ChrisWeigant.com

Archive of Articles in the "Abortion" Category

Obama Was Wrong

[ Posted Friday, June 24th, 2022 – 15:53 UTC ]

Barack Obama created many memorable soundbites and campaign slogans, but one of the best-remembered is (as he phrased it in a tweet): "There are no red states or blue states, just the United States." This call for unity in politics was generally well-received, since it spoke to (as another former president once put it) "the better angels of our nature."

But what is becoming more and more obvious is how wrong Obama got this. His words sound blissfully naive, at this point. Because we are devolving further into the Divided States of America, seemingly with every passing day. Today's Supreme Court decision which overturned Roe v. Wade is merely another milestone on this grim journey.

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Next Up: Georgia And Texas

[ Posted Monday, May 23rd, 2022 – 16:37 UTC ]

As we continue to wend our way through primary season, we now turn to the two states with the most interesting races to be decided tomorrow: Texas and Georgia. Georgia is more interesting on the Republican side, while there's one Texas race that Democrats will be closely watching.

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Friday Talking Points -- The Blunderful Blizzard Of Oz

[ Posted Friday, May 20th, 2022 – 17:55 UTC ]

We were reminded of the whole Wonderful Wizard of Oz metaphor early this week, when we saw Mehmet "Dr." Oz at a last-minute Pennsylvania campaign rally, holding up his smartphone to the crowd, as the disembodied voice of the great MAGA Dear Leader bellowed forth bombast and nonsense to the crowd. All it needed was some smoke and fireballs at the sides of the stage, really. It seemed to us (but then we do have a rather warped sense of humor...) that Oz was begging the crowd to please pay lots of attention to the man behind the curtain.

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Rather Interesting Tuesday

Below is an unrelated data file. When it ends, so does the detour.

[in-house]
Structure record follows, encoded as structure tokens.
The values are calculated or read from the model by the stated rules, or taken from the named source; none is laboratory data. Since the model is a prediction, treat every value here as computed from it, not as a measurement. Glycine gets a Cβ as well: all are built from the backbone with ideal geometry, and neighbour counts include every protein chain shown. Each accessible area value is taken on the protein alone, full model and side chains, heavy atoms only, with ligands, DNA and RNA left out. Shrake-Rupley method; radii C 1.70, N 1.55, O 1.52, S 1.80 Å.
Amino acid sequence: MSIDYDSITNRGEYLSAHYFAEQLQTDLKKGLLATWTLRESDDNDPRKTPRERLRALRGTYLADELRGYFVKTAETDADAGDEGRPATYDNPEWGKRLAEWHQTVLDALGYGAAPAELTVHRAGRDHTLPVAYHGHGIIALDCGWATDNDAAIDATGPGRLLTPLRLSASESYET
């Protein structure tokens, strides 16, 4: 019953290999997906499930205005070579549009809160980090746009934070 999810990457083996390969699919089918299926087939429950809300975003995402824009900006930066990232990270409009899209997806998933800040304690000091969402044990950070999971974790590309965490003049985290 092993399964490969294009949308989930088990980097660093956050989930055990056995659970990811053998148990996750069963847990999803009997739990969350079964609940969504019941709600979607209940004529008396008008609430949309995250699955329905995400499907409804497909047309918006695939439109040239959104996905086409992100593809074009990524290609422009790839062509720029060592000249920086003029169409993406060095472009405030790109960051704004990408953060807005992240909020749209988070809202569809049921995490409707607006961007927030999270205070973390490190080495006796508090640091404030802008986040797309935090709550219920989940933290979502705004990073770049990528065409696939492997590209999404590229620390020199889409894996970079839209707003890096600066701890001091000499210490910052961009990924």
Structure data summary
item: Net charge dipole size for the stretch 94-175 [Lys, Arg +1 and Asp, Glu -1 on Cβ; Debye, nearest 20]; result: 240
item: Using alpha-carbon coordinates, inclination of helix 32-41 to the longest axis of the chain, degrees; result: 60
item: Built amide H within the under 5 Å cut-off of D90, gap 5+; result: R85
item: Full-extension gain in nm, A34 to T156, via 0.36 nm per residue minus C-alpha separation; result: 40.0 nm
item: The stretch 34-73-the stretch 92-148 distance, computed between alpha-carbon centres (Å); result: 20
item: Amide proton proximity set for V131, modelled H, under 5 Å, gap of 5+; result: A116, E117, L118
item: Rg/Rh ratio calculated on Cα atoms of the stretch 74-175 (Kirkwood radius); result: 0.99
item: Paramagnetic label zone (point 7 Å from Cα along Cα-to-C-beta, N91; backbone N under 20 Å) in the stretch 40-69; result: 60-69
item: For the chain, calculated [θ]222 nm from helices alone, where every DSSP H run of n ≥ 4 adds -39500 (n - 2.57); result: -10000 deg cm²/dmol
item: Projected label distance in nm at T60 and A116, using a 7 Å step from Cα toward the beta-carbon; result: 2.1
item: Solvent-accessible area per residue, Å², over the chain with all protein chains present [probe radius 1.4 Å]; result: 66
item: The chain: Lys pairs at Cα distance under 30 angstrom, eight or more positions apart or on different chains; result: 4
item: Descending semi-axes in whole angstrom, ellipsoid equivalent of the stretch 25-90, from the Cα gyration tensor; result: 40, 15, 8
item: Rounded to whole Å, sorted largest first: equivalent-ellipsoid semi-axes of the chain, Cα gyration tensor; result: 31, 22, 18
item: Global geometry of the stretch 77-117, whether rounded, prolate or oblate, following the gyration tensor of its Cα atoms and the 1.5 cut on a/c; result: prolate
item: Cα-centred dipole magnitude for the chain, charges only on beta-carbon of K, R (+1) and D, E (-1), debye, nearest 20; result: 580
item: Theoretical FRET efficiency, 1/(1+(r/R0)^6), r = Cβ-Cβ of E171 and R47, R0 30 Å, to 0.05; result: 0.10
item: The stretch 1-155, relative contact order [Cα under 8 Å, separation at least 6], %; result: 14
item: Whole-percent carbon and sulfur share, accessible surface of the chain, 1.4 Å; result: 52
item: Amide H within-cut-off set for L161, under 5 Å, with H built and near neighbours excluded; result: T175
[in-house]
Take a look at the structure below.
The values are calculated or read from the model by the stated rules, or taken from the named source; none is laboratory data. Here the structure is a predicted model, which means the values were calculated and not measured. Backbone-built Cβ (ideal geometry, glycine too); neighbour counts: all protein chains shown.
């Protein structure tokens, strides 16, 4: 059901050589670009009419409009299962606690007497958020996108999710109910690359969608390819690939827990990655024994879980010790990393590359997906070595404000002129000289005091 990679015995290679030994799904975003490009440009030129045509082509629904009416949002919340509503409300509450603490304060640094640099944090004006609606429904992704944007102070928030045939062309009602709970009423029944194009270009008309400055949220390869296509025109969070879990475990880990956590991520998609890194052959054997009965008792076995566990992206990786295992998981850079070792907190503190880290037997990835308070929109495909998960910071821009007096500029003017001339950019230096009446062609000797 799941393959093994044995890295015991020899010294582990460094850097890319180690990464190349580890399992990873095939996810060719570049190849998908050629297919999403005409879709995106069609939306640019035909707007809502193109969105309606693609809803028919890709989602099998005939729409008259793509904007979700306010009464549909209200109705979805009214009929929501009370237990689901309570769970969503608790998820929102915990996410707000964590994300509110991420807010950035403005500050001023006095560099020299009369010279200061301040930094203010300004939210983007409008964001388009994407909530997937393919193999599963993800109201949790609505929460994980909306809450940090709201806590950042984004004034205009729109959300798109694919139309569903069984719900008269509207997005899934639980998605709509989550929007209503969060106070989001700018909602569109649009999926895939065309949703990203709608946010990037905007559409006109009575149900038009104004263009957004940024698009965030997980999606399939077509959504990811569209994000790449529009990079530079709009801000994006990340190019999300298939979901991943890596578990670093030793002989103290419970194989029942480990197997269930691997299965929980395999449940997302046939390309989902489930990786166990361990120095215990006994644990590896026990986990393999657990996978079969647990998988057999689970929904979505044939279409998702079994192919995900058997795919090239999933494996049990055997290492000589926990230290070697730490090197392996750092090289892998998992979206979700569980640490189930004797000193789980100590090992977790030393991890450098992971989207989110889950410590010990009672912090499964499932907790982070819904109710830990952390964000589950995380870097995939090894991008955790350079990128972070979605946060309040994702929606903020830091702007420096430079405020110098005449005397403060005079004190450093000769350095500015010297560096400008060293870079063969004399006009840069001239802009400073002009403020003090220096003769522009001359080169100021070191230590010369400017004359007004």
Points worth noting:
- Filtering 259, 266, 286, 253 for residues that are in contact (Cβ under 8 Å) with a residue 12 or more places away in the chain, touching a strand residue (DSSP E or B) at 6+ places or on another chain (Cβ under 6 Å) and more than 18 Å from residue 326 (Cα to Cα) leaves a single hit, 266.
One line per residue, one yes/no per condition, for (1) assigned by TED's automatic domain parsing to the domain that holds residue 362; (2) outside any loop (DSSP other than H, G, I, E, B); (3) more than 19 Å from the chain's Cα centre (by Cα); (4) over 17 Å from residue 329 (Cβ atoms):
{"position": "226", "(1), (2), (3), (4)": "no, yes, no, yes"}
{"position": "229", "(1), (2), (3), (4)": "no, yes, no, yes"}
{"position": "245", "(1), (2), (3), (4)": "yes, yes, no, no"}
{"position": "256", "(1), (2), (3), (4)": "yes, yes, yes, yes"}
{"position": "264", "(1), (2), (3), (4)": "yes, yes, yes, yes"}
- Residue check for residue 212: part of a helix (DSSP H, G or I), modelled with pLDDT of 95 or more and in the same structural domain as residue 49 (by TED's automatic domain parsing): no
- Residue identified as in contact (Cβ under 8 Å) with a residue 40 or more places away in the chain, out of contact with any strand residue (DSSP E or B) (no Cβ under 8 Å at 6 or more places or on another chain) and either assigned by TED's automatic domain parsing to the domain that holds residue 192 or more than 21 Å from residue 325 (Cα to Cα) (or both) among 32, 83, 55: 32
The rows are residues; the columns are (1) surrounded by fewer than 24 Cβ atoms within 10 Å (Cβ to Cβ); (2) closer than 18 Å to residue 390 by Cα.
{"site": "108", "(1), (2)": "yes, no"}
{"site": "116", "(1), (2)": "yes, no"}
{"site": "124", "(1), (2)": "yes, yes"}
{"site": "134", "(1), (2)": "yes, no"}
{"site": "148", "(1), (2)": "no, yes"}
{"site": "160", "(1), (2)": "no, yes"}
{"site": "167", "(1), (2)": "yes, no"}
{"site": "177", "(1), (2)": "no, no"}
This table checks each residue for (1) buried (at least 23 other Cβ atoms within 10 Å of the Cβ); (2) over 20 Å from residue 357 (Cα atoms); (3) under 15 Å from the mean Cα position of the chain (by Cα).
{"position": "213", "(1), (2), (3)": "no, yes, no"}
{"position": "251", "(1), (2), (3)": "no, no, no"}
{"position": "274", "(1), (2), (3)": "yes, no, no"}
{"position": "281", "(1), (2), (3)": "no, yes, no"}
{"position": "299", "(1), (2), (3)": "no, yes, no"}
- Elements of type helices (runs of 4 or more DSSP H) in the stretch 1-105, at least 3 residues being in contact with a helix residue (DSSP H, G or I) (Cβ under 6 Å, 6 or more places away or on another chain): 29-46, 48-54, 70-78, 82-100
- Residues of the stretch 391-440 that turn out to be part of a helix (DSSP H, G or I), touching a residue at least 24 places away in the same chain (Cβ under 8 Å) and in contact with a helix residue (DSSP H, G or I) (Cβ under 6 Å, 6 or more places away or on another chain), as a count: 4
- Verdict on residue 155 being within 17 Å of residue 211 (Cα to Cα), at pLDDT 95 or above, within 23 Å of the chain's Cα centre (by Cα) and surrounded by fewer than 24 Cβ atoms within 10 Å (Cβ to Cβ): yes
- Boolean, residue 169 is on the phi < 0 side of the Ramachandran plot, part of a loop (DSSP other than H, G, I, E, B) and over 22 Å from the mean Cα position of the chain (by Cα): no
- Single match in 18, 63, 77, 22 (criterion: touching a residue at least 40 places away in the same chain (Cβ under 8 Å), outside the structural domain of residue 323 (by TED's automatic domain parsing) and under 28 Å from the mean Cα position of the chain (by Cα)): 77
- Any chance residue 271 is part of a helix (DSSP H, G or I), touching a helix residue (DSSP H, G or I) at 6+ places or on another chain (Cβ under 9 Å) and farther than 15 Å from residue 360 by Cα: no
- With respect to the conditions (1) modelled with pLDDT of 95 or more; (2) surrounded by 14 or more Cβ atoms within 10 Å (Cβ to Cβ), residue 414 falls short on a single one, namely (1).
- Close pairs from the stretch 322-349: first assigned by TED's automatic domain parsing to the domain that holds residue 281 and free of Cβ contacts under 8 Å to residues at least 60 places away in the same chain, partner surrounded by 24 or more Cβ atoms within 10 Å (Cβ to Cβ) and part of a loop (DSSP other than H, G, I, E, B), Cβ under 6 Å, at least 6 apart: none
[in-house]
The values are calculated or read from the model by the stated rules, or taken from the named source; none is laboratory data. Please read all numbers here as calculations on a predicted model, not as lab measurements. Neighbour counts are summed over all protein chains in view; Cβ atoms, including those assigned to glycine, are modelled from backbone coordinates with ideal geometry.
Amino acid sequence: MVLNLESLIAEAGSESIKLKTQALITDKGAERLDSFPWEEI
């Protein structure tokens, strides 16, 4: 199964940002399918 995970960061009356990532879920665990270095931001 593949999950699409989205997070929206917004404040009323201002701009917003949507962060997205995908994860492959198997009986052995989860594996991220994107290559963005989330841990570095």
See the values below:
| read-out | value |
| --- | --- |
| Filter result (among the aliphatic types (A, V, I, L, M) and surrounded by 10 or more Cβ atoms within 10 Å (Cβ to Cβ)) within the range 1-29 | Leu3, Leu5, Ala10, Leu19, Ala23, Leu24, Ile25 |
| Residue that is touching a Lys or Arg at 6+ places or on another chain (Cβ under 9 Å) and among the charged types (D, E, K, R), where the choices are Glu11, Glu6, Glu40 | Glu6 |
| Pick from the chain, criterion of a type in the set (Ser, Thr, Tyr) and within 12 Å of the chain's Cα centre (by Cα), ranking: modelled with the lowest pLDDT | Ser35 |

[ Posted Tuesday, May 17th, 2022 – 15:45 UTC ]

Today is a big primary day, and it could perhaps be the most interesting in this year's election calendar. It's not officially "Super Tuesday," but it might at least be considered "Rather Interesting Tuesday." There are multiple close races to watch, there are both ideological battles and personality contests in both parties, and the punditocracy is going to go into high gear afterwards drawing all sorts of conclusions on a nationwide basis (on races that may in fact only be limited to very local issues, or the strengths and weaknesses of individual candidates). So it's going to be a big night, no matter what happens. But everyone should keep in mind that these are just the primaries -- which means a big win for one faction or another tonight might translate into a big loss for the party in November.

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Friday Talking Points -- Overreach And Backlash

[ Posted Friday, May 13th, 2022 – 16:43 UTC ]

Of all the different types of cycle that exist in politics, the one of overreach and backlash is one of the most interesting. We may be about to see one of these cycles happen in very accelerated fashion (since it usually takes years or even a few subsequent elections to fully materialize), although since we're at the beginning of the cycle it is impossible to now know how it will all play out.

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Where To Draw The Lines On Public Protests